The effort will be part of the Giga Initiative, launched in 2019 and led by UNICEF and the International Telecommunication Union (ITU), Giga’s aim is to connect every school to the internet.
The Giga Initiative claims its mission currently is:
“to connect every school to the Internet and every young person to information, opportunity and choice, is supporting the immediate response to COVID19, as well as looking at how connectivity can create stronger infrastructures of hope and opportunity in the “time after COVID.”
The partnership with Ericsson marks the first time a private sector partner has made a multimillion-dollar commitment to the initiative and does so as a Global UNICEF Partner for School Connectivity Mapping.
This is an important first step in providing every child with digital learning abilities. Ericsson (NASDAQ: ERIC) and UNICEF announced an ambitious goal that will see them map school connectivity in 35 countries by the end of 2023.
According to a recent report by the ITU, 360 million young people currently do not have access to the internet. The digital divide is hard to ignore when data shows that “where connectivity is available, and affordable, young people are enthusiastic adopters. While just over half the global population overall is using the Internet, among young people aged 15 to 24, this figure rises to almost 70 per cent.” And yet “large swathes of the rural landscape are still not covered by a mobile broadband network, and fewer households in these areas have Internet access.”
It cannot be denied that connecting schools to the internet will improve lives, the ability to access information and educational benefits alone stand out. During a time when all learning went digital in the midst of the pandemic it is hard to scale just how much those without access to the internet may have missed out on and the role that could play in shaping their future. Fortunately, there are companies now that offer services such as leased lines for businesses.
Charlotte Petri Gornitzka, Deputy Executive Director, Partnerships, UNICEF highlighted the pandemic as one of the most important factors in the digital divide. She said:
“The deepening digital divide is one of the many inequalities that the COVID-19 pandemic has underscored. School closures, coupled with limited or non-existent opportunities for remote learning, have upended children’s education worldwide. Our partnership with Ericsson will bring us closer to giving every child and young person access to digital learning opportunities.”
Ericsson’s support for the initiative is in line with the company’s vision to create a world in which limitless connectivity improves lives – including school and learning opportunities.
Ericsson is working with @UNICEF in support of @GigaConnect to provide technology expertise to help map & identify schools without internet – a vital first step to connect all schools in the world by 2030.
— Ericsson (@ericsson) October 28, 2021
In addition to providing funding for the project, Ericsson has committed resources for data engineering and data science capacity to accelerate the school connectivity mapping. Specifically, Ericsson will assist with the collection, validation, analysis, monitoring and visual representation of real-time school connectivity data.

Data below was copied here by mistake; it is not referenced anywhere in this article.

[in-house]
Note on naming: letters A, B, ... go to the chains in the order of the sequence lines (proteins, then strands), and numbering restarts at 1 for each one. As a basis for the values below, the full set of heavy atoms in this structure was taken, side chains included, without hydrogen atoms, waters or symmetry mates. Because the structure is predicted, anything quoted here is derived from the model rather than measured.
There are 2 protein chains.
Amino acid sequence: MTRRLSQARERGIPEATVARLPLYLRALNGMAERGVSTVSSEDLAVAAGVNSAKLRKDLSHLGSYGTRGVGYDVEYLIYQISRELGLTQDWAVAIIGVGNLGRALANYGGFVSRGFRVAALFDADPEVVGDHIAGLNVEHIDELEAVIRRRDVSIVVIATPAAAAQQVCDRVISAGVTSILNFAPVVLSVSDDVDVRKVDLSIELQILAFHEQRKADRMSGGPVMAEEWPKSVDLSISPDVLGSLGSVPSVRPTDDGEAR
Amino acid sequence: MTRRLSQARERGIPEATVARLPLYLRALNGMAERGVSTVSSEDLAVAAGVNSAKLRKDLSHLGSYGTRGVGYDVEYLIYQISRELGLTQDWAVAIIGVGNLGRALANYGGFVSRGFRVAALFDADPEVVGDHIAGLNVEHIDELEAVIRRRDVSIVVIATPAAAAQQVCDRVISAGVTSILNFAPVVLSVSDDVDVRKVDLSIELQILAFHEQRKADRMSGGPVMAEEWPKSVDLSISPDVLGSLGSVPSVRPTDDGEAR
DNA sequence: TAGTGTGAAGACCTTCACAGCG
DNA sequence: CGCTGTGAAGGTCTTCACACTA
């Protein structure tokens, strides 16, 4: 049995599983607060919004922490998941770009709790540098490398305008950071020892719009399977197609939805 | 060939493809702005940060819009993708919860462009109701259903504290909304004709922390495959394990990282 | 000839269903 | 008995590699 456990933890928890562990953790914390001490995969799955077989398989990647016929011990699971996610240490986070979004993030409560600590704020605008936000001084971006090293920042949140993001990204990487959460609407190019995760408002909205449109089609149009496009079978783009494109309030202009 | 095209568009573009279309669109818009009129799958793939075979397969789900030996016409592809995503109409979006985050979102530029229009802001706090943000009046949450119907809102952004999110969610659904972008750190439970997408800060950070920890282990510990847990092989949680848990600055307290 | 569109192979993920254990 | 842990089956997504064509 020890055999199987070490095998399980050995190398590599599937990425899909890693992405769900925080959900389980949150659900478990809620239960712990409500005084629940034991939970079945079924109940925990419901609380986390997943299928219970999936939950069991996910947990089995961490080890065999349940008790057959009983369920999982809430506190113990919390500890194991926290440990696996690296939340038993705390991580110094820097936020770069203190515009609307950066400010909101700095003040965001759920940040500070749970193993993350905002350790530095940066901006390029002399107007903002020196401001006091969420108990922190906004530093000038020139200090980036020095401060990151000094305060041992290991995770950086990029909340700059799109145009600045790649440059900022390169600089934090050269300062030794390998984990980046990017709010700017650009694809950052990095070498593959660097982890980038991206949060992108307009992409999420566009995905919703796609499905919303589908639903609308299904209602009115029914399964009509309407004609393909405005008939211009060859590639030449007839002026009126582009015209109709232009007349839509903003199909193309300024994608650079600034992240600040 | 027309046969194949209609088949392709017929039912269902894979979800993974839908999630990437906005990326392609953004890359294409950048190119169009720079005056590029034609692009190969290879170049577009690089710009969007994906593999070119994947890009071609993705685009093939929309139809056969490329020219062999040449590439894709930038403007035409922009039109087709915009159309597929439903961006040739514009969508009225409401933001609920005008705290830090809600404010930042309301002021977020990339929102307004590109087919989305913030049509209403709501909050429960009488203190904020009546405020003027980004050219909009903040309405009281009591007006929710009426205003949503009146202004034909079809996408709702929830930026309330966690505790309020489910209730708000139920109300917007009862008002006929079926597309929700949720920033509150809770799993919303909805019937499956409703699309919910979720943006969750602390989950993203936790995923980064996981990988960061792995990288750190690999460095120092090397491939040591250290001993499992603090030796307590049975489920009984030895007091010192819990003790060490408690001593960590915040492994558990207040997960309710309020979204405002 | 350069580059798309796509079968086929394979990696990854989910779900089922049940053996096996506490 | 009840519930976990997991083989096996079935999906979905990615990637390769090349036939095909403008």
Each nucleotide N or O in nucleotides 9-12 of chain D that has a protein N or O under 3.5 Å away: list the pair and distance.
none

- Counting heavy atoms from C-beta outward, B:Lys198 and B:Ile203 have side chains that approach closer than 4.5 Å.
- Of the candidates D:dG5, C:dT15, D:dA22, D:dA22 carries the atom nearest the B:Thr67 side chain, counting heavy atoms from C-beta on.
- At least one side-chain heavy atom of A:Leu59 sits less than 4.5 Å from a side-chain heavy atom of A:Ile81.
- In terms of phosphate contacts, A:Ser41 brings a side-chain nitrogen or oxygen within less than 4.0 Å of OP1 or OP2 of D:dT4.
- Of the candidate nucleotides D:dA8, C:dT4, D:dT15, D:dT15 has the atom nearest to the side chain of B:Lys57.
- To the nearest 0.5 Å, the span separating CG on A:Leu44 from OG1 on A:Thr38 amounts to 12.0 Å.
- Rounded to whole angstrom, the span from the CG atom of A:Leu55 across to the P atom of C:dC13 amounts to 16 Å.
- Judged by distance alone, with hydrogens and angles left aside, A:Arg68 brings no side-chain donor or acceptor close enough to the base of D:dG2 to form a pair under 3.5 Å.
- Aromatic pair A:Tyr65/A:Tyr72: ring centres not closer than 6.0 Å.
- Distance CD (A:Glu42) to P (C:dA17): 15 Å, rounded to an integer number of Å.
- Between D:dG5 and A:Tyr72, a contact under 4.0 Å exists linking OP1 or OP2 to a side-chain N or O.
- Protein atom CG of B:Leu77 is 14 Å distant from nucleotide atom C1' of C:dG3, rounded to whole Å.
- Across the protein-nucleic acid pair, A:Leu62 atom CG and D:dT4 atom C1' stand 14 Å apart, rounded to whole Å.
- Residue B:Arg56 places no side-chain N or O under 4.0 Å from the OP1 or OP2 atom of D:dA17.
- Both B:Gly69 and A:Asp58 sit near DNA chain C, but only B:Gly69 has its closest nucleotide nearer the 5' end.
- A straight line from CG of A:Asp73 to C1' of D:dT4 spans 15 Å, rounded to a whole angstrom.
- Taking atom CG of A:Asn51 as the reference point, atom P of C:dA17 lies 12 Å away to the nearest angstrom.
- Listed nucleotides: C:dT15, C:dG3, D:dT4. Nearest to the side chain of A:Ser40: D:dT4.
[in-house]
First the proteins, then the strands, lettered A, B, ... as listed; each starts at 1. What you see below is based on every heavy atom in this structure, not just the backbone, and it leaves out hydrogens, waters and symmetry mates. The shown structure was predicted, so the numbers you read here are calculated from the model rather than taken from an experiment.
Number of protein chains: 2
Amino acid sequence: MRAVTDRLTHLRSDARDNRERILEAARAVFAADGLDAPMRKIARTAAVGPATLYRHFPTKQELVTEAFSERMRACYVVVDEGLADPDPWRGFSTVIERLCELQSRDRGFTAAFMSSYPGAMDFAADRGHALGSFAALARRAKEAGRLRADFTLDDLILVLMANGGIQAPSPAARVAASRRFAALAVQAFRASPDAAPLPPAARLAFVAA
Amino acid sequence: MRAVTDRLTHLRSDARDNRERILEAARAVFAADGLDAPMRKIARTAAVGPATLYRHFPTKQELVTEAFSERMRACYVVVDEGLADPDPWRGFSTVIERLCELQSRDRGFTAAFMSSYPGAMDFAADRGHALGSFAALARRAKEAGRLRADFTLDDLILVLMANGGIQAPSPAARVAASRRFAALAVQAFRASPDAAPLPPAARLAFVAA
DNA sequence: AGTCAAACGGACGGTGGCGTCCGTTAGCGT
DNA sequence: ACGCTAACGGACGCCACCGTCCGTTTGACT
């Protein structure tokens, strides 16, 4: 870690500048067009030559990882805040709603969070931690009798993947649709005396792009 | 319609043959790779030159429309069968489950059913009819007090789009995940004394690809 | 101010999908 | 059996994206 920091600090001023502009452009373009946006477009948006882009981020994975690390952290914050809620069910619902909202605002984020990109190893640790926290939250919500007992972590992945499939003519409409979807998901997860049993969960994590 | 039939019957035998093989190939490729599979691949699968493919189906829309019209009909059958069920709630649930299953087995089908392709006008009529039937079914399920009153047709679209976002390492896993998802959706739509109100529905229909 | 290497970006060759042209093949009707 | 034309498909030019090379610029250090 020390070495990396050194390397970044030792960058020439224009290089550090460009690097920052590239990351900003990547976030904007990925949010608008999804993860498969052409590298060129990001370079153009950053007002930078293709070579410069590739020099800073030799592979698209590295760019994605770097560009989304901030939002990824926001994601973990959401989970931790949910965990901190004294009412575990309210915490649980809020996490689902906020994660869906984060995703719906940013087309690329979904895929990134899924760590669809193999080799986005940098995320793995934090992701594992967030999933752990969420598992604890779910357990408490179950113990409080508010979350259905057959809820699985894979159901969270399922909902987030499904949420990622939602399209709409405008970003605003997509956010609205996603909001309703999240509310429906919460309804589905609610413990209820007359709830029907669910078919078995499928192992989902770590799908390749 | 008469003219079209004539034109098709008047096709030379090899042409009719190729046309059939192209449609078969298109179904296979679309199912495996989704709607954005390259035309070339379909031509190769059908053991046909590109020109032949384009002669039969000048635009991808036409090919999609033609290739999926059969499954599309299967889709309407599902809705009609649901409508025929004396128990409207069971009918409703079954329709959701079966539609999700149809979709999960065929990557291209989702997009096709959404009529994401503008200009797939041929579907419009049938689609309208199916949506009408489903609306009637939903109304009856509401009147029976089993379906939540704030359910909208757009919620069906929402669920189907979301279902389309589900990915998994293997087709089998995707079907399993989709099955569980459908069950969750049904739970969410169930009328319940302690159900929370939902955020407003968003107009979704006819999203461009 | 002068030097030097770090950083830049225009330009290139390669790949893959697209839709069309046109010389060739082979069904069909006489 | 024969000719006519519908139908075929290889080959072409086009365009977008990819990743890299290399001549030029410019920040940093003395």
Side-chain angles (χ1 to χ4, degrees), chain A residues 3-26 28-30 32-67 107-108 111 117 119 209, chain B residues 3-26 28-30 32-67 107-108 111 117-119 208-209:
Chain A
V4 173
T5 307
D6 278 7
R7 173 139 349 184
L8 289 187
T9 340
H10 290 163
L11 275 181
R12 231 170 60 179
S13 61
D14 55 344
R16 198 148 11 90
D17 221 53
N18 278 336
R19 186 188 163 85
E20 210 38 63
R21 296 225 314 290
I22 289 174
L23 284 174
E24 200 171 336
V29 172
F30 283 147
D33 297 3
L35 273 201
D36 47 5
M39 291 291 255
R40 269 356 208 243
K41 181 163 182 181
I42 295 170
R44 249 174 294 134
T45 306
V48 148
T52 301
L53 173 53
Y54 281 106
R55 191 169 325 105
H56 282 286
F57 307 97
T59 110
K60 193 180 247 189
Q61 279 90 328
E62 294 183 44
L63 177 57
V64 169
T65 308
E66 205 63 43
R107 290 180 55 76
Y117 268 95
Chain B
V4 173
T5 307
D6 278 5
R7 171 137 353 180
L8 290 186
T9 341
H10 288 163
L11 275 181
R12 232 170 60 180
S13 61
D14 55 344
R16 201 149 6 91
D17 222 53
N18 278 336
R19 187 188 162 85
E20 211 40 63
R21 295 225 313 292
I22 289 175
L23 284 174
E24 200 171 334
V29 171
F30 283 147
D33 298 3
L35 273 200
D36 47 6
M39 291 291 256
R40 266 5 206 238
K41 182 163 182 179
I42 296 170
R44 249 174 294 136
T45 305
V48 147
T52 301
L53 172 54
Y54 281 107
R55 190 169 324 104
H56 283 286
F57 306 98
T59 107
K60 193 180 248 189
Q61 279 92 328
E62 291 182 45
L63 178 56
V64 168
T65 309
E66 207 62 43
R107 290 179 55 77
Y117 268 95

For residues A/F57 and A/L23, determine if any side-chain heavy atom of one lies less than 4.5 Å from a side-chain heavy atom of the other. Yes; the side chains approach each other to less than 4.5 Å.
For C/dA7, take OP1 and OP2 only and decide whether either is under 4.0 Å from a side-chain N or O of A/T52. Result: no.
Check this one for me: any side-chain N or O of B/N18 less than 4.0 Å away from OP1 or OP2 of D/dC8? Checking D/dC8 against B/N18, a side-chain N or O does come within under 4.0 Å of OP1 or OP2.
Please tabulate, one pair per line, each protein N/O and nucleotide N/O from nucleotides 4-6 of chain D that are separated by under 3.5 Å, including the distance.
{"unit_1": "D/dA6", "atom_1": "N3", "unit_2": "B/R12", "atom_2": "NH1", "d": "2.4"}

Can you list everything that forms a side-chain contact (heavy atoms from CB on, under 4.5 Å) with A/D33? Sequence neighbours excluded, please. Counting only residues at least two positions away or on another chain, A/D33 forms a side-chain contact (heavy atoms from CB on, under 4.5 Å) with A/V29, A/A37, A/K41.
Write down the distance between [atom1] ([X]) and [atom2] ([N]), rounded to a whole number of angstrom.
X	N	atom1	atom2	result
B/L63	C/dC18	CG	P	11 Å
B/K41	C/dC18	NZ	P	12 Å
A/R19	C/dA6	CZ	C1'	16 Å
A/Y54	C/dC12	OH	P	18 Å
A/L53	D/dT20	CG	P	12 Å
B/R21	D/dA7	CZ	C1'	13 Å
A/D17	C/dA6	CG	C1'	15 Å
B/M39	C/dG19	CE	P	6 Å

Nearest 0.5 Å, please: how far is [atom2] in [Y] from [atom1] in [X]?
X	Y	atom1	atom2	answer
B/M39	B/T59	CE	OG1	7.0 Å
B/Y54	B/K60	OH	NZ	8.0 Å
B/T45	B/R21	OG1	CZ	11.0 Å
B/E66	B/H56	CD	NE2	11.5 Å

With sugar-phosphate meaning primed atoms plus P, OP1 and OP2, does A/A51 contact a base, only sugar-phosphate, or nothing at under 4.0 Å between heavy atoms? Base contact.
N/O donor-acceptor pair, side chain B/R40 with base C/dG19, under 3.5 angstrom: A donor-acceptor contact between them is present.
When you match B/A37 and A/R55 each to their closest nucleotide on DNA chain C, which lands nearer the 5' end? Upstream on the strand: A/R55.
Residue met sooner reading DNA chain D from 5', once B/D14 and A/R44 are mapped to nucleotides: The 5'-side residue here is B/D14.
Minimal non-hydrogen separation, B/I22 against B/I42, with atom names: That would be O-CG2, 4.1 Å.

Ericsson has backed a report by The Economist Intelligence Unit (EIU) that found nations with low internet connectivity have the potential to realise up to 20% Gross Domestic Profit (GDP) growth by connecting schools to the internet.
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Experts who formed the report noted that to achieve this access will need to be “affordable and accompanied by an investment in skills, content and devices”. Whether the impact will be as high as predicted by the Economist remains to be seen, but there is no question that it will have a positive impact.
Heather Johnson, Vice President, Sustainability and Corporate Responsibility at Ericsson, commented on the current lack of support for education. She referred to an ITU report saying “260 million children aged 5-16 receive no schooling. This results in exclusion and fewer resources to learn and limits future potential for many young people. Mapping schools is a crucial first step in connecting every school to the internet and every student to opportunity and choice.”
Which do you think is key to bridging the #DigitalDivide?
— Ericsson (@ericsson) October 28, 2021
The education we receive is so formative in the people we become and this partnership between Ericsson and UNICEF is a positive first step towards not only lessening the digital divide but actively supporting educational equality. The level of education you receive should not be dependent upon the geography of where you are born.
Their goals are ambitious but we would expect nothing less as Ericssons CEO, Börje Ekholm, is on record as saying their company is “creating connections that make the unimaginable possible, we are helping to shape an exciting and positive future.”
Ericsson will have to live up to its promises and hopefully the company will follow through. Closing the digital divide may seem impossible right now but on the back of this three year partnership perhaps the unimaginable is possible.
Editor’s Note: The opinions expressed here by Impakter.com columnists are their own, not those of Impakter.com. — In the Featured Photo: UNICEF Education Programme Featured Photo Credit: UNICEF Ethiopia